Confessions of a researchaholic

June 2, 2017

Facebook

Filed under: Real — liyiwei @ 11:37 am
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I wonder how many people truly find the user experience compelling or merely stay put because all their friends are there.

February 24, 2017

F*** you money

Filed under: Real — liyiwei @ 1:15 pm
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I did some calculation a while ago and concluded that no amount of money will suffice. Instead, it is much better to have f*** you talents/skills/capabilities.

This recent case, as reported by wired and bloomberg, may have a good chance to prove my conjecture.

July 3, 2016

tripling.dreamers.suspended

Filed under: Real — liyiwei @ 5:13 pm
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Is the what3words address of my HKU office.
🙂

May 20, 2016

System surveys

Filed under: Real — liyiwei @ 11:41 am
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Few people have the time and patience to answer surveys, even when they do they might not provide genuine opinions (consciously or not), and the sampling is inherently biased.

A well designed system collects data and analyzes users on the go; just look at Google, Facebook, and Amazon.

March 27, 2016

Algorithmic species

Filed under: Real — liyiwei @ 11:04 am
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Algorithms can already devise algorithms and write programs.

It is just a matter of time before they can do that in a scale massive enough to displace many, if not most, programming jobs, just like what robots have already done to the manufacturing jobs.

March 17, 2016

Maintaining success for the long term

Filed under: Real — liyiwei @ 10:02 am
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I found inspirations from this Q/A session between Sam Altman and Michael Moritz not only for startups but anyone who needs to deal with an ever changing environment: do not sit on the past, keep a fresh team, and change with the future.

February 11, 2015

Jeff Bezos shares his best advice to entrepreneurs

Filed under: Real — liyiwei @ 11:11 am
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The whole article can be found here, but gist is to do what you really love.
It is that simple, repeated elsewhere, and applicable to different professions.

July 4, 2014

Flash boys

Filed under: Real — liyiwei @ 12:01 pm
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The finance and tech industries have been the whipping boys for American inequality. Lie in their junction are the algorithm traders.

A specific form of algorithm trading, with high frequency as depicted in this book, is to arbitrage the time differentials between signals traveling through different electronic routes.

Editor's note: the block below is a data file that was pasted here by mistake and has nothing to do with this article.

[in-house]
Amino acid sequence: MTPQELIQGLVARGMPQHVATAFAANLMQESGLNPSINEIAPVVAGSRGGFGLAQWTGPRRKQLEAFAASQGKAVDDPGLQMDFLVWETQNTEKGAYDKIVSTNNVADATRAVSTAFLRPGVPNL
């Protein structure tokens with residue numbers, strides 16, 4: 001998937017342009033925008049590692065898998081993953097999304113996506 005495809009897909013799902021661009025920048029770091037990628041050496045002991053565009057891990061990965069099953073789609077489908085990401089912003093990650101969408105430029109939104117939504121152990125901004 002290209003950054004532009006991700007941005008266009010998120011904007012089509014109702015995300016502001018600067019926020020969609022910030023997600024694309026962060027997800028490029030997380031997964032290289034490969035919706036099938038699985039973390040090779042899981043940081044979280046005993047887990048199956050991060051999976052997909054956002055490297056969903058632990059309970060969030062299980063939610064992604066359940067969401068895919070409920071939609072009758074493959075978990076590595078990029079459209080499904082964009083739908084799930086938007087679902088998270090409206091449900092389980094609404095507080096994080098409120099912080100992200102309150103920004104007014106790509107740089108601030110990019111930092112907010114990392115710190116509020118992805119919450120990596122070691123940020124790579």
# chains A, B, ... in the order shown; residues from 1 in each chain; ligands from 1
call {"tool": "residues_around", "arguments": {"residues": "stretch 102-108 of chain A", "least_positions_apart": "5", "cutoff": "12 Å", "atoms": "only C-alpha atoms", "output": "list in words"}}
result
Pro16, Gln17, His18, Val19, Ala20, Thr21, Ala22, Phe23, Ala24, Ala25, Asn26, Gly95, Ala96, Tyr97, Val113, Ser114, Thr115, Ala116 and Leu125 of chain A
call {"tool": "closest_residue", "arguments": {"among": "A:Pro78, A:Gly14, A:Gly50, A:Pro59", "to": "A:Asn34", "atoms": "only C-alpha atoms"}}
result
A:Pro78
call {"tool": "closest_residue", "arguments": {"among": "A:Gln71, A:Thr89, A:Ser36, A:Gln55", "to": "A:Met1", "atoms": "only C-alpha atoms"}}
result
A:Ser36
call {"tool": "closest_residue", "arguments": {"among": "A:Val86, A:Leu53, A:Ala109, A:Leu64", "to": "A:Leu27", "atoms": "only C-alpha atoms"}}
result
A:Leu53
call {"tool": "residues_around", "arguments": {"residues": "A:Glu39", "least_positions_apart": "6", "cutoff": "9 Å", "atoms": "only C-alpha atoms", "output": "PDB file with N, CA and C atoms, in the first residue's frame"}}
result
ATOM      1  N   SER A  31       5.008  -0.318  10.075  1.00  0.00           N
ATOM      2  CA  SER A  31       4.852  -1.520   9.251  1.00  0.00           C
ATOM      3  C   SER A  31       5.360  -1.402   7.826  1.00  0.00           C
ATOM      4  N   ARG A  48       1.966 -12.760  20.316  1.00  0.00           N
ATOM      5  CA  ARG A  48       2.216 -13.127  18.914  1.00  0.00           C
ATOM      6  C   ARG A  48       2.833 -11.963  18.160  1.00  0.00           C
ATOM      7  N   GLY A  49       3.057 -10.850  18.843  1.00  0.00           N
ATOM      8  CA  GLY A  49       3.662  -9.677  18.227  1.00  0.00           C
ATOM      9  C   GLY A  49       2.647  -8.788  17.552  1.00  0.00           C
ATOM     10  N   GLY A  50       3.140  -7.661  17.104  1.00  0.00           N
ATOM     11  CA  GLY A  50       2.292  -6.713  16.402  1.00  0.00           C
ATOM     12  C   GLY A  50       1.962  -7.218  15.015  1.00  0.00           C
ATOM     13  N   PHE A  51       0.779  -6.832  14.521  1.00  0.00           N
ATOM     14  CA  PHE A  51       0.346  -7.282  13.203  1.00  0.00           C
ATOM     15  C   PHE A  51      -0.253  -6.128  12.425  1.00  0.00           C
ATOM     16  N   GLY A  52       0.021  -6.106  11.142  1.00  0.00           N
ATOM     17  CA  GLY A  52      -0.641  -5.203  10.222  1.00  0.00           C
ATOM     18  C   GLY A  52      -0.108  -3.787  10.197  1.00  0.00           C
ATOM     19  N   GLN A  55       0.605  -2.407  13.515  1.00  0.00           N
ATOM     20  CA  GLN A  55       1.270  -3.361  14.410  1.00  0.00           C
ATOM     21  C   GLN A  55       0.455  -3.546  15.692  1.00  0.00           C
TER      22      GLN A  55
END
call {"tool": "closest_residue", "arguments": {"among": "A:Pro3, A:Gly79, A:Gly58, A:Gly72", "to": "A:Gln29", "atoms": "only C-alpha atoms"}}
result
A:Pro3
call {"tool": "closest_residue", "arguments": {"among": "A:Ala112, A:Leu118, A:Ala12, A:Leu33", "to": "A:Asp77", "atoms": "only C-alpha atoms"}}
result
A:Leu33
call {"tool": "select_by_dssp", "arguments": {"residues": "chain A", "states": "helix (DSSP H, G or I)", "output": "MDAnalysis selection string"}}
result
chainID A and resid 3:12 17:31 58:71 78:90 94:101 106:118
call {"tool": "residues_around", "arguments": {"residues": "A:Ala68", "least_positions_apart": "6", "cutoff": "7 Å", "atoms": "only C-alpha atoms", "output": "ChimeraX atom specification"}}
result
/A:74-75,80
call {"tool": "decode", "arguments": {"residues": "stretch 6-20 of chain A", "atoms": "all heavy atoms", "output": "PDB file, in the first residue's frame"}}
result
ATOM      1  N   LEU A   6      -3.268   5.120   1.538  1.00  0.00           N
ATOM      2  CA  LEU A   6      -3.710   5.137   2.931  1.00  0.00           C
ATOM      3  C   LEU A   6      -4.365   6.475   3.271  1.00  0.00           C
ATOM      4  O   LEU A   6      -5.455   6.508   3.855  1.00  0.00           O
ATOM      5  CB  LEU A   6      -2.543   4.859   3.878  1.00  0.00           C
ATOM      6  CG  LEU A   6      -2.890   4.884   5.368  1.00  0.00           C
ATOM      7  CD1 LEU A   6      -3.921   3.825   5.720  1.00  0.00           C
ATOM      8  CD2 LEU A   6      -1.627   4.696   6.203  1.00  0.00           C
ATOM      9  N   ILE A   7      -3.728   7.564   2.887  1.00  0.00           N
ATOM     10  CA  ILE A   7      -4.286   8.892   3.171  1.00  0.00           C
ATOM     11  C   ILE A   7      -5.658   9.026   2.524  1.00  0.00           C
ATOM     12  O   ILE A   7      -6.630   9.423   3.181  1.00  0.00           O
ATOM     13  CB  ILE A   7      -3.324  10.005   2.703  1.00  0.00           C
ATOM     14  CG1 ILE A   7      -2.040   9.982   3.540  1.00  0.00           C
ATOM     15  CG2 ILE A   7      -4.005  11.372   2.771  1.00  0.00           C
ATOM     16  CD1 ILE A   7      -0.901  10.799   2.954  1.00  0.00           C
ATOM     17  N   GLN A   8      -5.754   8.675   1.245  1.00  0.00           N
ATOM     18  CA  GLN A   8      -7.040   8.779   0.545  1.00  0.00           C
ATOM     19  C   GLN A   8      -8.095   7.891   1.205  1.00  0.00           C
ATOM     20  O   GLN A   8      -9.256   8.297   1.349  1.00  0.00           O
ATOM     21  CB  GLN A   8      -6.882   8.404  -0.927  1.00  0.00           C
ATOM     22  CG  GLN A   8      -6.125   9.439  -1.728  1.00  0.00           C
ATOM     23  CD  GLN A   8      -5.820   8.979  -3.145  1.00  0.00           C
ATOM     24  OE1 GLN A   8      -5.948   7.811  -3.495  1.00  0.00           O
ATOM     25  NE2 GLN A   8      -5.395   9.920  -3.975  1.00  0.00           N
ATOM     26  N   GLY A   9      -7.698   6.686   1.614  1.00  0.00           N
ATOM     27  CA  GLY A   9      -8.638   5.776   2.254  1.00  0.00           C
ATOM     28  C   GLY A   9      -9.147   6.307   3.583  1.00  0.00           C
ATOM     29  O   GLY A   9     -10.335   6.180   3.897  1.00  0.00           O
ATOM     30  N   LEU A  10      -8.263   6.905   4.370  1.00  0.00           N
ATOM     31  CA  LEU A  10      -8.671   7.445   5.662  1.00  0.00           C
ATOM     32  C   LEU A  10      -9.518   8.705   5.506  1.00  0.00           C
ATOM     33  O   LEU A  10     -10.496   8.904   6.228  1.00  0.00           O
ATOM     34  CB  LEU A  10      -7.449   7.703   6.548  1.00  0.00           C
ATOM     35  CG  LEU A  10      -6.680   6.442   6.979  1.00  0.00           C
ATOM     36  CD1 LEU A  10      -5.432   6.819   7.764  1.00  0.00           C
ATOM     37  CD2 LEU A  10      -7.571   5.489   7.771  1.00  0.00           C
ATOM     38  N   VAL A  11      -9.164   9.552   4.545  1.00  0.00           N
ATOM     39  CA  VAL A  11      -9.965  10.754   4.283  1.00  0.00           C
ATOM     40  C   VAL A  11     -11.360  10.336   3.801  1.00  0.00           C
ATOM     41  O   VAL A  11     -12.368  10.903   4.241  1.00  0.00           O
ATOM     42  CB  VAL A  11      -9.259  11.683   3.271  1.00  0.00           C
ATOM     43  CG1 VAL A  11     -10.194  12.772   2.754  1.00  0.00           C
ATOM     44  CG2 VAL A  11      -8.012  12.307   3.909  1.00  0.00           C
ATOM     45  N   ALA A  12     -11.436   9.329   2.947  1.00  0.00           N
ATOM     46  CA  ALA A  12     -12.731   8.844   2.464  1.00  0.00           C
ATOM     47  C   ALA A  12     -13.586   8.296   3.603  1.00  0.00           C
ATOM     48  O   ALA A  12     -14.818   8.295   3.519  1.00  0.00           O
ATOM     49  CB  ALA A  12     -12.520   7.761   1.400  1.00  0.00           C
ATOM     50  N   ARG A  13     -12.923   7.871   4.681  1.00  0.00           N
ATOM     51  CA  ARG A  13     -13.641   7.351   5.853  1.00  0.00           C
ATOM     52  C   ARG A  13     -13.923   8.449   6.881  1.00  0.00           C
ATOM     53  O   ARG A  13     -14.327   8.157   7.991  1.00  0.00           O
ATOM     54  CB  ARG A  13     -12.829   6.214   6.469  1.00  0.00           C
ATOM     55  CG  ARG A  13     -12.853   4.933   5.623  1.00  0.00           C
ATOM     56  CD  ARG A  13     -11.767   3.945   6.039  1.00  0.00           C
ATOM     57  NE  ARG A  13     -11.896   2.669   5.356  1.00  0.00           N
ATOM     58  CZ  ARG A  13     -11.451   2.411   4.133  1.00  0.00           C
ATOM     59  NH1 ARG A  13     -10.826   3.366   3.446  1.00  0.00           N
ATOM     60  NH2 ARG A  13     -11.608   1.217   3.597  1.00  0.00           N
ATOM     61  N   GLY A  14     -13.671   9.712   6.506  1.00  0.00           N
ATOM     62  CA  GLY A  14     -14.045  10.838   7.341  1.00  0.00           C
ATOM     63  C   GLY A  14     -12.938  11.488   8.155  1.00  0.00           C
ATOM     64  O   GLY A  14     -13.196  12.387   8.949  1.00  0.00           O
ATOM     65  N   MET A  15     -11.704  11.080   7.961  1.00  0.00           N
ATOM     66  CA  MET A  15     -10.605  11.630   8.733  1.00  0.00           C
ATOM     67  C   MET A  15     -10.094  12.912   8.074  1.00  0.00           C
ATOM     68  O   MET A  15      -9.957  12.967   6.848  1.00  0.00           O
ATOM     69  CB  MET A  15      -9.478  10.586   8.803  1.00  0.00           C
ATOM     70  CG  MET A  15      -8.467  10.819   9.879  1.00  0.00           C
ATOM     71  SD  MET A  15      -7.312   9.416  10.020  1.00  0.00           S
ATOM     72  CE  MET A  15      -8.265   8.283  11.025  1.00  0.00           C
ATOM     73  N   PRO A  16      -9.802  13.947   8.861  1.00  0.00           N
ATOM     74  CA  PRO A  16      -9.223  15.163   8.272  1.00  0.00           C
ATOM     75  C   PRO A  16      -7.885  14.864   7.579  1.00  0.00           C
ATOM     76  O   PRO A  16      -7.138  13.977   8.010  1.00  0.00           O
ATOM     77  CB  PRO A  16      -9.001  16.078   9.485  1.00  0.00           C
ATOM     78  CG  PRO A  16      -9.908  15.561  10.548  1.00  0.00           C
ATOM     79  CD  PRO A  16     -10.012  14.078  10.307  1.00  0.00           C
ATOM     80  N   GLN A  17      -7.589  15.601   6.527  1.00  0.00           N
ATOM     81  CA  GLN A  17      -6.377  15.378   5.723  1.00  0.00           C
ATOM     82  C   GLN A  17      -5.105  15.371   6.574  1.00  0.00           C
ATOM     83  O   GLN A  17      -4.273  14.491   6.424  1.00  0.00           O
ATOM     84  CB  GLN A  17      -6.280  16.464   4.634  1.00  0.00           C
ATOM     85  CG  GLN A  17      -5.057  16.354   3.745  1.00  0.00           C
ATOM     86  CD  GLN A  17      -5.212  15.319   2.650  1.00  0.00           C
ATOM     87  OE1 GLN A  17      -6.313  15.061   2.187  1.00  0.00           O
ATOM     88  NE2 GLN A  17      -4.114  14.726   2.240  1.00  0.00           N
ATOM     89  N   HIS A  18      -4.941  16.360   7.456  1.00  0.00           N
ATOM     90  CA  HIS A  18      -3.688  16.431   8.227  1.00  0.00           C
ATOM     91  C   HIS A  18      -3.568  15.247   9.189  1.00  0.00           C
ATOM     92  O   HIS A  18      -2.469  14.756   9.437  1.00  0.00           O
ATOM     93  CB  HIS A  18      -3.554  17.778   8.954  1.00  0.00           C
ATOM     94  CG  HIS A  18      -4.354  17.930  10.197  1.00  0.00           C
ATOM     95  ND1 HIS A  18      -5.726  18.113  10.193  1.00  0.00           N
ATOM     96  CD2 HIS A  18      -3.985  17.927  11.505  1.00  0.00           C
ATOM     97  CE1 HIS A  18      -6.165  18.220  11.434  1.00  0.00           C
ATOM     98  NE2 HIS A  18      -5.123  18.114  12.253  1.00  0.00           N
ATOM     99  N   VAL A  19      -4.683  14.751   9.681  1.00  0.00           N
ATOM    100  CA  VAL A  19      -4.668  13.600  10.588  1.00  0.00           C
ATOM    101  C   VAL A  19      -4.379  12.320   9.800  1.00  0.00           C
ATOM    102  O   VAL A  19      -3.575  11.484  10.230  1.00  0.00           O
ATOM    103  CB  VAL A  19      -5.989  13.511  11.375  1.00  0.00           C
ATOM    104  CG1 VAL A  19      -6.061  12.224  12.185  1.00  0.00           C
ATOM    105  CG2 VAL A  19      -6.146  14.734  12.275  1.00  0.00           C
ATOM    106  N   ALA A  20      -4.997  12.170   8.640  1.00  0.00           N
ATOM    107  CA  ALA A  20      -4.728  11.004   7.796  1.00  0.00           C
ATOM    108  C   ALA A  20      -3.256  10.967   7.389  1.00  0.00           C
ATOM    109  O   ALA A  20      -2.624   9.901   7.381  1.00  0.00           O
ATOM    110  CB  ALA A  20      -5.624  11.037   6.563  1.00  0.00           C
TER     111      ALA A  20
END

For example, say you want to buy or sell a block of stocks too large for any single exchange to fulfill. Your order is then broken down into smaller blocks, each routed to a different exchange. A high frequency trader, by placing small orders for all stocks in all exchanges all the time, like a fisherman placing baits, can detect your order arriving in the first exchange, and quickly insert itself as the counter party of all your other orders arriving later in other exchanges. This allows the trader to make a small amount profit multiplied by a very large number of trades.
In order to pull this off, a high frequency trader has to be on the frontier of high performance computing.

This is a highly entertaining read like many of Michael Lewis’ previous books. But the distinction is not all that clear between the narrated protagonists and antagonists, who are all wealthy financiers.
Instead, the most intriguing character I found in the book is Sergey Aleynikov, a former Goldman coder whose prosecution triggered the start of the book, in which he was quoted:

If the incarceration experience doesn’t break your spirit, it changes you in a way that you lose many fears.
You begin to realize that your life is not ruled by your ego and ambition and that it can end any day at any time. So why worry?

June 30, 2014

The market for parking

Filed under: Real — liyiwei @ 10:18 am
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Instead of banning parking apps, the SF city should think about how to collect money leaving on the table.

July 26, 2013

Laptop-less in Anaheim

Filed under: Real — liyiwei @ 3:30 pm
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I did not bring my laptop to SIGGRAPH this year to discourage myself from working inside the convention center or the hotel room.

Experimental results indicated that this motivated me to spend more time hanging out with people, which is supposed to be the main goal for a conference. I can easily schedule all events and meetings via my smart phone and tablet. (Even the tablet is probably not necessary, if I can address a few technical issues of my phone.)

I probably would have had to bring my laptop if I had to give any talks. None of the Android apps I know of can adequately author talk slides. If such apps eventually show up (and I expect they will), I would happily travel with only my phone in the future.

Eventually though, the phones will likely become powerful enough for me to work inside the hotel rooms (again).
🙂

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